Alanbrooke has a outstanding reputation as a planner, his contribution during WW2 as Chief of the General Staff, and Churchill's reliance on his advice are testimony to his ability. His biography is sitting on the bookshelf - must get around to reading it.
Many thanks to Andrew for detailing his WW1 appointments:
In 1916 Major Alan Brooke was BM RA with 18 Division. Can anyone outline his other appointments during WW1 please?
From Who's Who:
* 1914: N Battery RHA, Seconded Cavalry Brigade.
* Sept 1914 - commanded ammunition column (per notes in Vol. 2 of the Official History, p 484, this is presumably H Section of 2nd Indian RHA Brigade)
* Feb 1915: Adjutant, 2nd Indian RHA Brigade in 2nd Indian Cavalry Division
* Nov 1915: Brigade-Major RA 18th Division (presumably transferred when Indian divisions withdrawn?)
* Feb 1917: GSO2 RA, Canadian Corps
* Jul 1918: GSO1 RA, First Army, until end March 1919, when he went to Camberley.
Hope that helps...
Interesting that Alanbrooke was a Brigade Major and was responsible for the 18th Divisions fireplan. This was a notable sauces on the first day of the Somme, the 18th Division attacking Montauban on the left flank of XIII Corps. The Artillery contribution in which Alanbrooke played a major part. :Artillery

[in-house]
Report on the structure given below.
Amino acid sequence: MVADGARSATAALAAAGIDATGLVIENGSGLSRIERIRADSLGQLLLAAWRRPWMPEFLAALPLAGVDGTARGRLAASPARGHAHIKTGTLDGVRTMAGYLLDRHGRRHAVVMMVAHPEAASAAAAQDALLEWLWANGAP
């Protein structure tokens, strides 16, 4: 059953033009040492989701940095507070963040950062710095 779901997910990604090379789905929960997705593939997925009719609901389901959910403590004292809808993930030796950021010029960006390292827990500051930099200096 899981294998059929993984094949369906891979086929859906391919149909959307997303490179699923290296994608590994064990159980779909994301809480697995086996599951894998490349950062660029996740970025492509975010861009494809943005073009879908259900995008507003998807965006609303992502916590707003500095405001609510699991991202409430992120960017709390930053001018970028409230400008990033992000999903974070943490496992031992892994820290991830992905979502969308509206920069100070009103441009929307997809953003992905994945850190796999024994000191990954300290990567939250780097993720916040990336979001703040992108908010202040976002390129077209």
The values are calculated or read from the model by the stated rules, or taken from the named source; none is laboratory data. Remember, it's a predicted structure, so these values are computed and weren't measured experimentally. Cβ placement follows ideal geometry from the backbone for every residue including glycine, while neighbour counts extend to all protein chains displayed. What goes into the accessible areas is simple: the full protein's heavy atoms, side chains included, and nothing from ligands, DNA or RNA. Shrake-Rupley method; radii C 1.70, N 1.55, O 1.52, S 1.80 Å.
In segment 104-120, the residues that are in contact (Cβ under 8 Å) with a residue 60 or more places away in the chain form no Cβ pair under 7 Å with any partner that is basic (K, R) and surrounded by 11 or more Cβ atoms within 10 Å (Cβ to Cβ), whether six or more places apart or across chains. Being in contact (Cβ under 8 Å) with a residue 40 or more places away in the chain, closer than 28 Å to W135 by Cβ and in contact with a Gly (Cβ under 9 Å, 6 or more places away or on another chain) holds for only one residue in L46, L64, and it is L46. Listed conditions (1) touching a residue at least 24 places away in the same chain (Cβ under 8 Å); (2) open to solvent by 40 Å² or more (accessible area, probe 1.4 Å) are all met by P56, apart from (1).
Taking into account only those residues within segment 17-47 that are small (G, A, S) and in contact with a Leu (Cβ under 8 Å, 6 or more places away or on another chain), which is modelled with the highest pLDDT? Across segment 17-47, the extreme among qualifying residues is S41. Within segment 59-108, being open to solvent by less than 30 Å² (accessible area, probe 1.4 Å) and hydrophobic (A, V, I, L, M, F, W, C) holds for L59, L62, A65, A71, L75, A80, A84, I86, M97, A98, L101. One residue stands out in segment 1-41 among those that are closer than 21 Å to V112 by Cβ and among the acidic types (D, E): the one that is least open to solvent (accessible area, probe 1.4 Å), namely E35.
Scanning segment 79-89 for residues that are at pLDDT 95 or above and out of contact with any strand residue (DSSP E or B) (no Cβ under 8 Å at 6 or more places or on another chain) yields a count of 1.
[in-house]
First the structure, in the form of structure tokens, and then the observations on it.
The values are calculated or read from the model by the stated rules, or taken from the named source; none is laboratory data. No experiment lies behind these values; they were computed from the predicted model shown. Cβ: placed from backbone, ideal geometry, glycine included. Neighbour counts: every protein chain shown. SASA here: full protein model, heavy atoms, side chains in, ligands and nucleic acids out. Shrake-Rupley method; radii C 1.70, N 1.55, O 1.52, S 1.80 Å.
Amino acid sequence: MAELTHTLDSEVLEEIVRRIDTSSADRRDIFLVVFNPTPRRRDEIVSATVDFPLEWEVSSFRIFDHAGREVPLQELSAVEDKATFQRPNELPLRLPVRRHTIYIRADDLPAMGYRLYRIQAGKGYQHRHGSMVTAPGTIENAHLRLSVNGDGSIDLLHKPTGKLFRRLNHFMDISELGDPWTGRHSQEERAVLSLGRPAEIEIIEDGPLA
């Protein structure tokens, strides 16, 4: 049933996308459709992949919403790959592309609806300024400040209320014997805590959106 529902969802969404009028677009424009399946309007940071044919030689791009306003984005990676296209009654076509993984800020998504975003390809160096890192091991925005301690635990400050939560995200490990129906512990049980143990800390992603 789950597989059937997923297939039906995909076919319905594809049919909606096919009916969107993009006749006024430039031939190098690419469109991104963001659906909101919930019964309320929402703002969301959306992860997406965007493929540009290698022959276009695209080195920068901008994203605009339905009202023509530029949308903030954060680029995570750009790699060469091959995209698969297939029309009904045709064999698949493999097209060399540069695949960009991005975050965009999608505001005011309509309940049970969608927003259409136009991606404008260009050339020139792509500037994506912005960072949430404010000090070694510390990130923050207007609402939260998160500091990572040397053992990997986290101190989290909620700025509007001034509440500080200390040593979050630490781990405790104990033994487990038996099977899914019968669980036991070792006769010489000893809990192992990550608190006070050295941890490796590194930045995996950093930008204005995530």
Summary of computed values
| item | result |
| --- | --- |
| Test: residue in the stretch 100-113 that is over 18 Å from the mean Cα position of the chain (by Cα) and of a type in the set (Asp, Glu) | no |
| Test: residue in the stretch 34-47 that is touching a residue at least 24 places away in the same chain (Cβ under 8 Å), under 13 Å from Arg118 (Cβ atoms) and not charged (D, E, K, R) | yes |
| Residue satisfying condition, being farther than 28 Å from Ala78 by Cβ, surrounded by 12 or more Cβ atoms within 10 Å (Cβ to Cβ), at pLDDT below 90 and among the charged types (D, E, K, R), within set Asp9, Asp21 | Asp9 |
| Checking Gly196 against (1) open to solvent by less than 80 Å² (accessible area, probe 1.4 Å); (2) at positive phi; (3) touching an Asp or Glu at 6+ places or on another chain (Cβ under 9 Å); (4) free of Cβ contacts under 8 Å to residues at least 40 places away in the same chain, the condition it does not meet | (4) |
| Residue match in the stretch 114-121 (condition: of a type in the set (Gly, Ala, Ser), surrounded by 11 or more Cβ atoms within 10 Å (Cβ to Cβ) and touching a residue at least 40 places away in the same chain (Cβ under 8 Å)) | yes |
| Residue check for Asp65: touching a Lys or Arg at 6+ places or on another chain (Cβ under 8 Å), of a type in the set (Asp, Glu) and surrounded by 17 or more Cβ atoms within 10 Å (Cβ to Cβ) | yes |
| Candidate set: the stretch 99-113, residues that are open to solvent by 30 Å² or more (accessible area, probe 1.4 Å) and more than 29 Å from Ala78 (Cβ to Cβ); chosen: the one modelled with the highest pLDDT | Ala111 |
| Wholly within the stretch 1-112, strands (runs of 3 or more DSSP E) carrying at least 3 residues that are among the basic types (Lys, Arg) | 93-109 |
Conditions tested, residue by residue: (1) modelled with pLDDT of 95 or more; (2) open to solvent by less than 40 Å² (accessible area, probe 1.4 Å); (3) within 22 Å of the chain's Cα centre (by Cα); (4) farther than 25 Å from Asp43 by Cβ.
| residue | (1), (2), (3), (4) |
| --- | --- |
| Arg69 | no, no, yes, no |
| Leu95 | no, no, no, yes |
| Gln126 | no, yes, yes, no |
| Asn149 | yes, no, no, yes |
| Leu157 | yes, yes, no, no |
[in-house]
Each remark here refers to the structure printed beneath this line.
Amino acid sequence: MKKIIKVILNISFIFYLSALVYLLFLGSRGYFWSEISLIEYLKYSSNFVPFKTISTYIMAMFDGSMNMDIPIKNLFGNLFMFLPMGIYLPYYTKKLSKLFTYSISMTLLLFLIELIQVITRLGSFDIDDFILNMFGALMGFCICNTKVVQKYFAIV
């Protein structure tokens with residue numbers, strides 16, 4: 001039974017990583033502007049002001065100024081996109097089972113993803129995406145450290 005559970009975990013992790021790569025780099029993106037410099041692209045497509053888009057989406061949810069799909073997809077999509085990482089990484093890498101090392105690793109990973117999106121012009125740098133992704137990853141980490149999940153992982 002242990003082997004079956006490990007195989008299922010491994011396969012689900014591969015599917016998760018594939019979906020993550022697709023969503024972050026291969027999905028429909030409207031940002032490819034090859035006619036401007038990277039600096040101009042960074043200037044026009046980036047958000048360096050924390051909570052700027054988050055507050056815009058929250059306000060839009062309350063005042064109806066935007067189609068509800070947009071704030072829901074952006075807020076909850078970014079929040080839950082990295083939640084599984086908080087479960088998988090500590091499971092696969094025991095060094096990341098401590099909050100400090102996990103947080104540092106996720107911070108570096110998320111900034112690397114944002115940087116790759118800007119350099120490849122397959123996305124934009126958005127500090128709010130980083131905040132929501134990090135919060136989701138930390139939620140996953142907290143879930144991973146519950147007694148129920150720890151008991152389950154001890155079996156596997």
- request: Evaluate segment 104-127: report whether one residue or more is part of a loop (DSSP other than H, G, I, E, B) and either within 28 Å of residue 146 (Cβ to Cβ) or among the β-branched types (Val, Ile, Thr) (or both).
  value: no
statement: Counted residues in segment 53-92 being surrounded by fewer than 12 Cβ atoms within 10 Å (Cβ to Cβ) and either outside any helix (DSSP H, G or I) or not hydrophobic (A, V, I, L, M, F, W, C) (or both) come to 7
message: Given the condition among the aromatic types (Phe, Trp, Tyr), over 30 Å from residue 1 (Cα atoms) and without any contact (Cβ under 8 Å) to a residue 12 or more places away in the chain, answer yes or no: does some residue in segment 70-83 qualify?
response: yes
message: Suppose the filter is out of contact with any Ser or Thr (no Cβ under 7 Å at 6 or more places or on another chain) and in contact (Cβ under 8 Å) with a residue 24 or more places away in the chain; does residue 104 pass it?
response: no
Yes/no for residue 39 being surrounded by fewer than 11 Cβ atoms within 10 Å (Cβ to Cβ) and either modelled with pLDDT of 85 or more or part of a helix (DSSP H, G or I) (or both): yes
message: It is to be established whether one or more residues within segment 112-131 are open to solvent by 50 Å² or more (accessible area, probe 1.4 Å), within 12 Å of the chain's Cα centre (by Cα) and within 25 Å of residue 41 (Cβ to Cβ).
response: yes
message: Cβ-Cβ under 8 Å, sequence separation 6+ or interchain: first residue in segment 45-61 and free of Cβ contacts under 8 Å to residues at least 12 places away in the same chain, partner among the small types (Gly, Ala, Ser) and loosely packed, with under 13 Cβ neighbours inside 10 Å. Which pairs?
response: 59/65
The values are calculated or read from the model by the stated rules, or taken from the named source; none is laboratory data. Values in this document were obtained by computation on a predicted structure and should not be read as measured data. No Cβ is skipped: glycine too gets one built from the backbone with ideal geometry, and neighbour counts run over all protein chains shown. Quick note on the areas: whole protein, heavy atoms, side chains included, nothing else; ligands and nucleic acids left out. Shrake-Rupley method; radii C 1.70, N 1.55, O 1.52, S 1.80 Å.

Counter Battery fire had destroyed many of the German gunsso there was little enemy artillery response to the British advance.
The preliminary bombardment had been effective. The Frenchheavy artillery had destroyed many German dugouts. The intensity of thepreliminary bombardment was such that the relief of the regiment manning thatsector was not possible. Many of the German soldiers were suffering fromexhaustion and shell shock. Consequently only small pockets of resistance existed;many were killed in the area of the Glatz Redoubt and Montauban. In Montaubanit’s self the only thing found alive was a fox.
He was a GSO2 RA handling Corps Artillery - I have something in common !!! However, he was never a Battery Commander, though Lt Col with 2 DSO's by the end of the war serving as a staff officer is good going.
Source: Viscount Alanbrooke